Progress is never permanent

Something very quick before I am off for my Eid break.

I think I have mentioned that I always have an unhealthy relationship with progress in a sense that I am impatient. Once I learn something new, I want to be good at it right away. I also think that I am impatient because a lot of us have no idea how it feels to, you know, get there — wherever there is. However I now try to be kinder to myself and much more pragmatic, and try to accept that I’m getting better in a form of progress as long as I keept at it — more like a means to an end, rather than the end itself — which is being good at things.

One of the examples would be exactly this: the practice of writing at least 300 words a day here. Miss a day, and I would feel like something missing. However, if I miss enough days — which had happened before (check the archive in 2017 to see how many months I had missed) — it’s easy to let it slide. Then it gets harder to write again, because the practice of mentally structuring your draft every day is waning. You no longer give much importance to it, and slowly the words slip away from you. You can read as much as you want — which what I do every day as a voracious reader — but it’s all consumption, and no creation.

Jason Fried of Basecamp was asked for an advice for someone who is still in school and about to graduate. His answer:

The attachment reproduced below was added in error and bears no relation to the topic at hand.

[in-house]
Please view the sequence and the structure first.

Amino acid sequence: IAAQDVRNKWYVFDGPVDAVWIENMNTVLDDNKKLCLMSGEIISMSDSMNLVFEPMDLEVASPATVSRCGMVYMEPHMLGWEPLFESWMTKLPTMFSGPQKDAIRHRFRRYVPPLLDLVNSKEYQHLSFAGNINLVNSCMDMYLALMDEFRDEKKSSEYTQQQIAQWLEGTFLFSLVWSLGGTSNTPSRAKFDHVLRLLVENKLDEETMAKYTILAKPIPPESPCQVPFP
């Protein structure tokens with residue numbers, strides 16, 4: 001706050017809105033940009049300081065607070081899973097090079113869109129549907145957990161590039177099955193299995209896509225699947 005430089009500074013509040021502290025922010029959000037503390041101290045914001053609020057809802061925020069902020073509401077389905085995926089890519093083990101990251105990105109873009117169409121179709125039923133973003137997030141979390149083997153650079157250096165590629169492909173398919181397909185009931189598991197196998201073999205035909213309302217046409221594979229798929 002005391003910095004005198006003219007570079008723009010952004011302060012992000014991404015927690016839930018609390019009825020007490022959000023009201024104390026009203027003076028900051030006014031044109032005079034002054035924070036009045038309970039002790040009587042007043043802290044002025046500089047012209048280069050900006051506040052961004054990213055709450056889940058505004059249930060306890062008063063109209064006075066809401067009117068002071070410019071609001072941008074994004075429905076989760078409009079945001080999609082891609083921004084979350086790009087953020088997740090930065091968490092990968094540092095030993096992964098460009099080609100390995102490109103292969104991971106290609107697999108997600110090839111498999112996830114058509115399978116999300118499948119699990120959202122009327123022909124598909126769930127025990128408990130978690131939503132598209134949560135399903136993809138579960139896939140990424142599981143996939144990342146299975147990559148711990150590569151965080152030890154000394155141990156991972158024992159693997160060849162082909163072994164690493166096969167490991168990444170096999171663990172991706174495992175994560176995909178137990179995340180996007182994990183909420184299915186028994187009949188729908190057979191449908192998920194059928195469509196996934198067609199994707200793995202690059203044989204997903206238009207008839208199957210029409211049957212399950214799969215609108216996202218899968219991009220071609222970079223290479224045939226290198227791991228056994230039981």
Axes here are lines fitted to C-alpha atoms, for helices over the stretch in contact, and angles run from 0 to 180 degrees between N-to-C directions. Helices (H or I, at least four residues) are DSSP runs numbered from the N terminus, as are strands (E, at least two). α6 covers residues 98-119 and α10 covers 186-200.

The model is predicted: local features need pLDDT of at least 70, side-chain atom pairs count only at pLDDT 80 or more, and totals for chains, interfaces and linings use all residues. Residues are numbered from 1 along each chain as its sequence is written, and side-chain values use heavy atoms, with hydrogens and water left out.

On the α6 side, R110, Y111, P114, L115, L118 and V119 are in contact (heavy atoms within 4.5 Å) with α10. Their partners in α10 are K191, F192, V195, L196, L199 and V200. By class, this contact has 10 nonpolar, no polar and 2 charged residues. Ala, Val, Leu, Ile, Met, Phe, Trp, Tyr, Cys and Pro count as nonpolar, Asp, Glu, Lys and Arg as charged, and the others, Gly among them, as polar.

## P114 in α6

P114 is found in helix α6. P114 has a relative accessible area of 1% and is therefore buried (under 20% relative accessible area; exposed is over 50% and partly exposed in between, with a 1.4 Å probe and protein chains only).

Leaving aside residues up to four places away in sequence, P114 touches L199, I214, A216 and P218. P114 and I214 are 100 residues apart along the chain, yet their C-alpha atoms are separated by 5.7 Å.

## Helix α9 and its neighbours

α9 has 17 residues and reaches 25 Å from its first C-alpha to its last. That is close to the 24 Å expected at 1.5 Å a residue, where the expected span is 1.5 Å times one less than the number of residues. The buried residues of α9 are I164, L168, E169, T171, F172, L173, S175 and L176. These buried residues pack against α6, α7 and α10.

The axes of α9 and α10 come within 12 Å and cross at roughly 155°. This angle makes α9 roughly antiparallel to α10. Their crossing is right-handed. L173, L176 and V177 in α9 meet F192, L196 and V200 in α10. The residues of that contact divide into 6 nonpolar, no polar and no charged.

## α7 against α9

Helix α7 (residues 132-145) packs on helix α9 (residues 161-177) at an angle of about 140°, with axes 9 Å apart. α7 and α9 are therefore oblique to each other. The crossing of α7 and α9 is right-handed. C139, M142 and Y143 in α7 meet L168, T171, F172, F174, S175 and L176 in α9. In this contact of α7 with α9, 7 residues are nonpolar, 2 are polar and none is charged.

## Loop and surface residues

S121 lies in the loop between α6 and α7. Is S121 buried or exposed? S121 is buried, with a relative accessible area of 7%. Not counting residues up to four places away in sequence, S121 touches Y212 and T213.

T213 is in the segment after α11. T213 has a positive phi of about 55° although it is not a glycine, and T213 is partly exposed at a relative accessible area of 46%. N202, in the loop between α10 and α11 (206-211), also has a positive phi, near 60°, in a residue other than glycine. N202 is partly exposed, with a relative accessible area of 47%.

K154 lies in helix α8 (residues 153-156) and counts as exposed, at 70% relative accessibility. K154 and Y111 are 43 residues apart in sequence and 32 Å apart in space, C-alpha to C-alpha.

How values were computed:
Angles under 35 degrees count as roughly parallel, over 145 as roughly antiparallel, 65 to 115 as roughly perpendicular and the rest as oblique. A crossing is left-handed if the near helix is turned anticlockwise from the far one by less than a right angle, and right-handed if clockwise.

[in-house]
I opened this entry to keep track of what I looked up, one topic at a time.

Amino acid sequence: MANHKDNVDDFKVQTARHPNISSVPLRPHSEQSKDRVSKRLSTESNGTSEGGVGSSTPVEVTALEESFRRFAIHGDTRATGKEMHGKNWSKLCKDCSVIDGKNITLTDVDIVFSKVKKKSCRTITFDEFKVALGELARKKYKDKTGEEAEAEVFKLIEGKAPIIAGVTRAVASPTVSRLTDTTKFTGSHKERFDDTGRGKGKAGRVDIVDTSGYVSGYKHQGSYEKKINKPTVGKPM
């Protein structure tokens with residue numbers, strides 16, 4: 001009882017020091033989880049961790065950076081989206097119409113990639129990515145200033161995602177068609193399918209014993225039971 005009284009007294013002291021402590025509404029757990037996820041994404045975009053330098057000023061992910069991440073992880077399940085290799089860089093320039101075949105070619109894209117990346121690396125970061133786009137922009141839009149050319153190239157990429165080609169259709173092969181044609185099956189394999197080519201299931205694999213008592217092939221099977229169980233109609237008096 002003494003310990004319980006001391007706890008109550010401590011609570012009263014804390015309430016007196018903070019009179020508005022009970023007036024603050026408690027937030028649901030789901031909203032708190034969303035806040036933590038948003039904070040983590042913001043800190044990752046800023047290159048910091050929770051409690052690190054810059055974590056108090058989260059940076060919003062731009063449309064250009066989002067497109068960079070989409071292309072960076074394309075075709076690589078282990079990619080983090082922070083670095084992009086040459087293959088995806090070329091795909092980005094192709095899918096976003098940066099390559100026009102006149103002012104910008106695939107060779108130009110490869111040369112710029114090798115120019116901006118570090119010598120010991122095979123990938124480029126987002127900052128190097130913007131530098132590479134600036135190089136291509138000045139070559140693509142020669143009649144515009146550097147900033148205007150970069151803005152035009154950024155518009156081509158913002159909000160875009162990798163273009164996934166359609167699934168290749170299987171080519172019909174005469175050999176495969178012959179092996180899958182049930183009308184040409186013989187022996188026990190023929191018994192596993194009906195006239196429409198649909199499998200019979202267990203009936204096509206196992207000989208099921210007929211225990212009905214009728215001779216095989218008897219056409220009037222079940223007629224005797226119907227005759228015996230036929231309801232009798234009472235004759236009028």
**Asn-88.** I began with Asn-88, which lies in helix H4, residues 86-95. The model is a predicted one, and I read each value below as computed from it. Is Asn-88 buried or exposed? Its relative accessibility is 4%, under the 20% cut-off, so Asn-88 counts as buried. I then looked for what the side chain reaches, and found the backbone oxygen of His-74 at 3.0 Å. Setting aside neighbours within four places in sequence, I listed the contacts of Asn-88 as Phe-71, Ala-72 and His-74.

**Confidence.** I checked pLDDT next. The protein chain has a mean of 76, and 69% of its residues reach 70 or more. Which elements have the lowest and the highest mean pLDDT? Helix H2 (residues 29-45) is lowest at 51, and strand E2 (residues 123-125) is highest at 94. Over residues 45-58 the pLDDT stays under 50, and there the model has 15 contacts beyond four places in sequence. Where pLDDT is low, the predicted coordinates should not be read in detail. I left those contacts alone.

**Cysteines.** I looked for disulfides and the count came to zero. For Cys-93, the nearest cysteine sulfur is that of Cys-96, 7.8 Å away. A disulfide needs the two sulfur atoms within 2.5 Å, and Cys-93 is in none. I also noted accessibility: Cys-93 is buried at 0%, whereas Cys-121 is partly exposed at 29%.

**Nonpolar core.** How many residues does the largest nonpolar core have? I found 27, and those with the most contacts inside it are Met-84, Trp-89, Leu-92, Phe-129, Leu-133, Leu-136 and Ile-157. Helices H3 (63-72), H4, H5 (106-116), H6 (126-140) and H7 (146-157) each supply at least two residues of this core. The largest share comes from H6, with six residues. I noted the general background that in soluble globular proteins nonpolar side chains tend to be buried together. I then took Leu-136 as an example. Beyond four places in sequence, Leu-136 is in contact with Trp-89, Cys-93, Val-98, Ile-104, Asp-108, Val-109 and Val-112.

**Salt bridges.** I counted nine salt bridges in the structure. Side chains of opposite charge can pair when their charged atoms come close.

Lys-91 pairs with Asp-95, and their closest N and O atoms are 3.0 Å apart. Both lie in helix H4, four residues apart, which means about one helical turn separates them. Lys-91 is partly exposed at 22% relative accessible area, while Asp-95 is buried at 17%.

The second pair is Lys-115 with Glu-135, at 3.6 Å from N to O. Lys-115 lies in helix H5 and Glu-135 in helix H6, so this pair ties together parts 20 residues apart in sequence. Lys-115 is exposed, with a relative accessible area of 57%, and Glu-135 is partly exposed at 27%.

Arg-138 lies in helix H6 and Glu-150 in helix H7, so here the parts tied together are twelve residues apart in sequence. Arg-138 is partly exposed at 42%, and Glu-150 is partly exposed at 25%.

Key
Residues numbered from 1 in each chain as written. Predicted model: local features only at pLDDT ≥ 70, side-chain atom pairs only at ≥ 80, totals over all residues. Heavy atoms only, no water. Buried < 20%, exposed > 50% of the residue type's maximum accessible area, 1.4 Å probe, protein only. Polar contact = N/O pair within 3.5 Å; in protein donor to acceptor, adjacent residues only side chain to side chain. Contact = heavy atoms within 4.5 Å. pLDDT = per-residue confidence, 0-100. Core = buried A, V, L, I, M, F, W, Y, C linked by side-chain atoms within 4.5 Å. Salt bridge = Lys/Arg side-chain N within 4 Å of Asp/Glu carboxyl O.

The advice was this: Habits are always forming. No matter what you do, you’re also forming habits too. Keep that in mind with whatever you do.

When we talk about habits, we generally talk about learning good habits. Or forming good habits. Both of these outcomes suggest we can end up with the habits we want. And technically we can! But most of the habits we have are habits we ended up with after years of unconscious behaviour. They’re not intentional. They’ve been planting deep roots under the surface, sight unseen. Fertilized, watered, and well-fed by recurring behavior. Trying to pull that habit out of the ground later is going to be incredibly difficult. Your grip has to be better than its grip, and it rarely is.

So be aware of what you do, what you’re doing, and how you’re doing it. Every do digs deeper. Every does grips stronger.

Then there is the idea that progress is never a permanent thing, but something we often need to maintain — as mentioned by Zadie Smith:

Progress is never permanent, will always be threatened, must be redoubled, restated and reimagined if it is to survive.

In the future, I would like to talk more about progress in a form of community and something collectively, especially in this world where a lot of us are becoming more aware of the societal issues. How do we be in peace with (sometimes, slow) progress when everything is moving too fast? That might take a lot longer to ponder and ruminate, and that might be the content for another post.

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